Making Sense Of Medical Billing Denial Codes


Medical bills can sometimes seem difficult to decipher, particularly for those who are not in the healthcare industry. One of the most confusing aspect of a medical bill may be any denial codes. It is important to your financial and medical well being that you understand all codes on your bill, not least of which, the medical bill denial codes. Here are a few common denial codes and what exactly they mean.

Coverage Terminated

This is the code that applies when you have received care even though your policy has lapsed. It is important to make sure that you stay current on all premium payments and that you do not allow your policy to expire.

Incorrect Patient Identifier Information

This code may appear on your bill if the information your insurance company receives from your doctor or hospital is incomplete or incorrect. This can include a misspelling of your name, an incorrect date of birth, or an incorrect insurance group number. If you receive a bill with this code, call your health care provider’s office and clear up any information that is missing or incorrect on your bill.

Requires Prior Authorization or Pre-Certification

Different companies and policies have different requirements when it comes to authorization for treatments. Many policies require that you receive authorization before receiving certain services. While emergency services do not require authorization, many expensive procedures like surgery, as well as MRI’s and other expensive procedures do.

If you plan on visiting a doctor or a hospital for an non-emergency procedure and are unsure whether you need authorization, call your insurance company and check.

Services Excluded

Part of the reasons many insurance companies require pre-authorization is that there are some procedures that are not covered by your policy. If you have received a service that is not covered by your policy, your insurance company will deny payment and you will be responsible for all of the charges on your own.

Request For Medical Records

In some cases, your insurance company may mandate that you or or physician submit relevant medical records before the claim is paid. Your insurance company may make their decision about whether your care will be paid for based on things like past physicals or hospital stays.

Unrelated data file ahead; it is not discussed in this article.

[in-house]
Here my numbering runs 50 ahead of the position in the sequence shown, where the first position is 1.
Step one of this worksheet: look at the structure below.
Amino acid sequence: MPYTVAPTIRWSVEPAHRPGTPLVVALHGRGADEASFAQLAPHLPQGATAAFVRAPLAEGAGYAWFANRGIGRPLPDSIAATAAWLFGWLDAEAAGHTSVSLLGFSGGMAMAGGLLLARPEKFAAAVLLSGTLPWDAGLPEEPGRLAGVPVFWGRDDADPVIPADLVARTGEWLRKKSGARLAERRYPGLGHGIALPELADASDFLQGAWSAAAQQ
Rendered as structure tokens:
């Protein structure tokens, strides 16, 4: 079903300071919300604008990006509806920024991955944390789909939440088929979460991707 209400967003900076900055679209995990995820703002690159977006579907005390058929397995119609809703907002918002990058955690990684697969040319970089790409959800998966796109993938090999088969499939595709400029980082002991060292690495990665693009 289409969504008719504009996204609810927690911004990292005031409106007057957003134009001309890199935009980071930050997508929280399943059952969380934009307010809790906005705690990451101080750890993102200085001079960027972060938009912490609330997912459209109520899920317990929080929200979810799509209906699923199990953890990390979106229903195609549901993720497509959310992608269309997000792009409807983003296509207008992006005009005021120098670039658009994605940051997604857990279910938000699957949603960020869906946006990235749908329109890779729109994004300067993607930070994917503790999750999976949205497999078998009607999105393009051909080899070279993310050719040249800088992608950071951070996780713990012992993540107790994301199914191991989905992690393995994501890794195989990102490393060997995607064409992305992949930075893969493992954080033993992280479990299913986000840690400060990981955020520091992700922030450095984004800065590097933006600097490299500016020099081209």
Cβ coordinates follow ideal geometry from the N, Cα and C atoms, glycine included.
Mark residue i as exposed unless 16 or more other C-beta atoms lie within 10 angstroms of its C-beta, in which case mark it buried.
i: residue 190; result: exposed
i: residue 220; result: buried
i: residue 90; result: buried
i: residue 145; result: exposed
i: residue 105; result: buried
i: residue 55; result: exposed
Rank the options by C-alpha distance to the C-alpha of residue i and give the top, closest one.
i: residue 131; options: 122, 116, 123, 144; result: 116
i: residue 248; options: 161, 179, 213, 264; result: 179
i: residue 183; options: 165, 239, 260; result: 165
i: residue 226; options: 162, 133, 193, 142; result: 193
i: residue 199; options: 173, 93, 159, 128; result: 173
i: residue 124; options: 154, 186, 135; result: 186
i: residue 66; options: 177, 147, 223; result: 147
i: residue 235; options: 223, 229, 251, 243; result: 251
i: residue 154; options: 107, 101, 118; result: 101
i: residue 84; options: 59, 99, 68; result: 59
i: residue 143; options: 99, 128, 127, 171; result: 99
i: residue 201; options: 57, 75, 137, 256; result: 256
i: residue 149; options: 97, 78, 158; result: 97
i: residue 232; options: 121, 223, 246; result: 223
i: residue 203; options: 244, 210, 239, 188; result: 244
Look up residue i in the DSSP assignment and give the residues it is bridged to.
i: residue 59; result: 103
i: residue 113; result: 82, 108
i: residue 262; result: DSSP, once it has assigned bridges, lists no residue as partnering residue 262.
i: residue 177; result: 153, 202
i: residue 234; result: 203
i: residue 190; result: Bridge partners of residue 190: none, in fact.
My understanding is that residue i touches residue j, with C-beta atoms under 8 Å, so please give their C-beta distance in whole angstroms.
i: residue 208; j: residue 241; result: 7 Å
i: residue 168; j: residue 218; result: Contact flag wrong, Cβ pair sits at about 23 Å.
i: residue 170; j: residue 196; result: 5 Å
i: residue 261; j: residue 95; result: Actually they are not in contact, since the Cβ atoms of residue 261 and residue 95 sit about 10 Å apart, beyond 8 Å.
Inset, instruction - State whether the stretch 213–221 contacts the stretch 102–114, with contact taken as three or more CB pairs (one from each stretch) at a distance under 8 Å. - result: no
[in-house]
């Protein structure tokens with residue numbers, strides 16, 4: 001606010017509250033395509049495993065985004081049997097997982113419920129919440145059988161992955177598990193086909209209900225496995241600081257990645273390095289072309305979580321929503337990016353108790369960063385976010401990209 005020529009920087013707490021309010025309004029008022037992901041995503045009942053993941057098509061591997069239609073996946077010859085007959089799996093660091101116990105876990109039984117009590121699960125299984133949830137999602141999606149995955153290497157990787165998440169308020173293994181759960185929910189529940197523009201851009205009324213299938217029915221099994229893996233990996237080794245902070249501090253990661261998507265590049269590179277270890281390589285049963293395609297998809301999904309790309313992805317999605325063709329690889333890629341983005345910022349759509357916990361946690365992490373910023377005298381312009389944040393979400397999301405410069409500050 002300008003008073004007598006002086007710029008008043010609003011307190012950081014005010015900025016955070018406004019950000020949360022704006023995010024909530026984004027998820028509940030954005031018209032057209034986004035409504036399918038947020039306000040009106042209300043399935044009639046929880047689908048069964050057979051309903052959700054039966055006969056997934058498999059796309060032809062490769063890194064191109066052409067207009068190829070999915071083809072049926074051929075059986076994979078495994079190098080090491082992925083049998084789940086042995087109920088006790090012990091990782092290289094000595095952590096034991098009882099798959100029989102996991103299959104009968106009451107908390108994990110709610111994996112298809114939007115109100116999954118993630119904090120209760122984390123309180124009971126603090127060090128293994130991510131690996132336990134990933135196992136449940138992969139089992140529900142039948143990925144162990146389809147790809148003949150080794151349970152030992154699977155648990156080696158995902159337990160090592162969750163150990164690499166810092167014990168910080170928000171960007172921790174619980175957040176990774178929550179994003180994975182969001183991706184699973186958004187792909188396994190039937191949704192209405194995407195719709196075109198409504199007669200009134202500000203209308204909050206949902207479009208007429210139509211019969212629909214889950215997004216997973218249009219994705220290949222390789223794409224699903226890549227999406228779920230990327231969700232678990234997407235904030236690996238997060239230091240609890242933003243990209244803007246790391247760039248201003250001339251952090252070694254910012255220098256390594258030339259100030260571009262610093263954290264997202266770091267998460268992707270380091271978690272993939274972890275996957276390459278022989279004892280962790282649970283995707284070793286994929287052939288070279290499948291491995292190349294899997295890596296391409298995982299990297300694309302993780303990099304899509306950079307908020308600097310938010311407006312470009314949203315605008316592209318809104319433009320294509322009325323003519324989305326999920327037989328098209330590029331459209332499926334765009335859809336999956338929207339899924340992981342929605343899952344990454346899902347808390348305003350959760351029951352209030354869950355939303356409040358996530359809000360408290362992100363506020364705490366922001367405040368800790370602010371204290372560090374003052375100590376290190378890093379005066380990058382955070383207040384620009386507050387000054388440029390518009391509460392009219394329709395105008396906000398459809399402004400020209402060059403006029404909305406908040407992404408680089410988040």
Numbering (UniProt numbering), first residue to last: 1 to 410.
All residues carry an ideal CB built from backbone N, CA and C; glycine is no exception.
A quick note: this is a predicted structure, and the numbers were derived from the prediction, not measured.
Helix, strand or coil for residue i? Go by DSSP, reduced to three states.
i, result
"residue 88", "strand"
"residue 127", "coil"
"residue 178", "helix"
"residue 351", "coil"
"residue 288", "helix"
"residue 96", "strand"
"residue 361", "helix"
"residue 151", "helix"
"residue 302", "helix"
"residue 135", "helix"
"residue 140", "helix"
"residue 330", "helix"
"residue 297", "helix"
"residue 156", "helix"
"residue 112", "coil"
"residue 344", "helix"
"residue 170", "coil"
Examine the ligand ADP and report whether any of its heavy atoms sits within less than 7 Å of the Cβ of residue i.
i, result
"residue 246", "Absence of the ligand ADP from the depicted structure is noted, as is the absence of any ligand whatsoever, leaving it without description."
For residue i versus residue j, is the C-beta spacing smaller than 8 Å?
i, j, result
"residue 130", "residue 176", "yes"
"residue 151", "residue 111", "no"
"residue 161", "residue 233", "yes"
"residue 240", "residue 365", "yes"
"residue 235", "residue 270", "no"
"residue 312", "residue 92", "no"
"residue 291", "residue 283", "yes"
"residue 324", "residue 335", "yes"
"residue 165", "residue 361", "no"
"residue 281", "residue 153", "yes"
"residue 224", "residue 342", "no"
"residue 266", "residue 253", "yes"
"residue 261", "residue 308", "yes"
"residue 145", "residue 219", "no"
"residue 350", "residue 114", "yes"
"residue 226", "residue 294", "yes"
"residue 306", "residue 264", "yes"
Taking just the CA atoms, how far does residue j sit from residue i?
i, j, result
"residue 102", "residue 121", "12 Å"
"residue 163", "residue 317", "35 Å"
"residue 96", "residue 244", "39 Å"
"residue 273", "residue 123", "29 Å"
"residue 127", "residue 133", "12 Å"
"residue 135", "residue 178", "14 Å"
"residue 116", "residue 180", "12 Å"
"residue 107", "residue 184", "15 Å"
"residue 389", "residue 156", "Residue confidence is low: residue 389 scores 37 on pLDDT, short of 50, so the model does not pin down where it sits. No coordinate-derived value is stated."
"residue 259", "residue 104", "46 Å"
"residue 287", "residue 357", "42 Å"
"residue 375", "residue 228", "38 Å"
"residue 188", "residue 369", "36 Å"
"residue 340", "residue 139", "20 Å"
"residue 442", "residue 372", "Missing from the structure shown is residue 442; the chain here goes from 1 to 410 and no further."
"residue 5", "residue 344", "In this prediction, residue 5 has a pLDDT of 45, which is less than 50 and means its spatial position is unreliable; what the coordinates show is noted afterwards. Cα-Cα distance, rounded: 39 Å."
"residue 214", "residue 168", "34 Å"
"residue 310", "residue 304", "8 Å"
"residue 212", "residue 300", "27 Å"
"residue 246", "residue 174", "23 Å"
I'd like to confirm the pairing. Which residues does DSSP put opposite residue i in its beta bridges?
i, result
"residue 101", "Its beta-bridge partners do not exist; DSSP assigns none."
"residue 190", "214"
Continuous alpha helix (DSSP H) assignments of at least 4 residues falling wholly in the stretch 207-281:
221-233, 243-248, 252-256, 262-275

Coordination of Benefits

If you are covered by more than one policy, as in an instance where you are covered by both your own policy and your spouses, your insurance carrier may deny a bill on the basis that benefits must be coordinated between both companies before the bill can be settled. This may particularly be the case if the company issuing the denial code is not your primary insurance carrier.

Bill Liability Carrier

If your doctor or hospital visit has occurred because of an accident you were in in your automobile or on a job site, your insurance carrier may deny your claim on the basis that your claim should be paid by your car insurance or workmen’s compensation insurance.

If you get a bill with this code and your claim is not being paid by your auto insurance, you should contact your insurance company and explain immediately.

No Referral On File

Depending on the type of policy you have and the type of procedure you are getting, you may need to get a referral from your primary care physician in order to have your procedure covered.

Some plans, such as HMO’s, require that you have one primary care physician who will refer you to a specialist if necessary. Make sure that you obtain all necessary referrals and that you fully understand when a referral from your primary care physician is necessary.

For more information check out our FAQs For Health Insurance & Medical Billing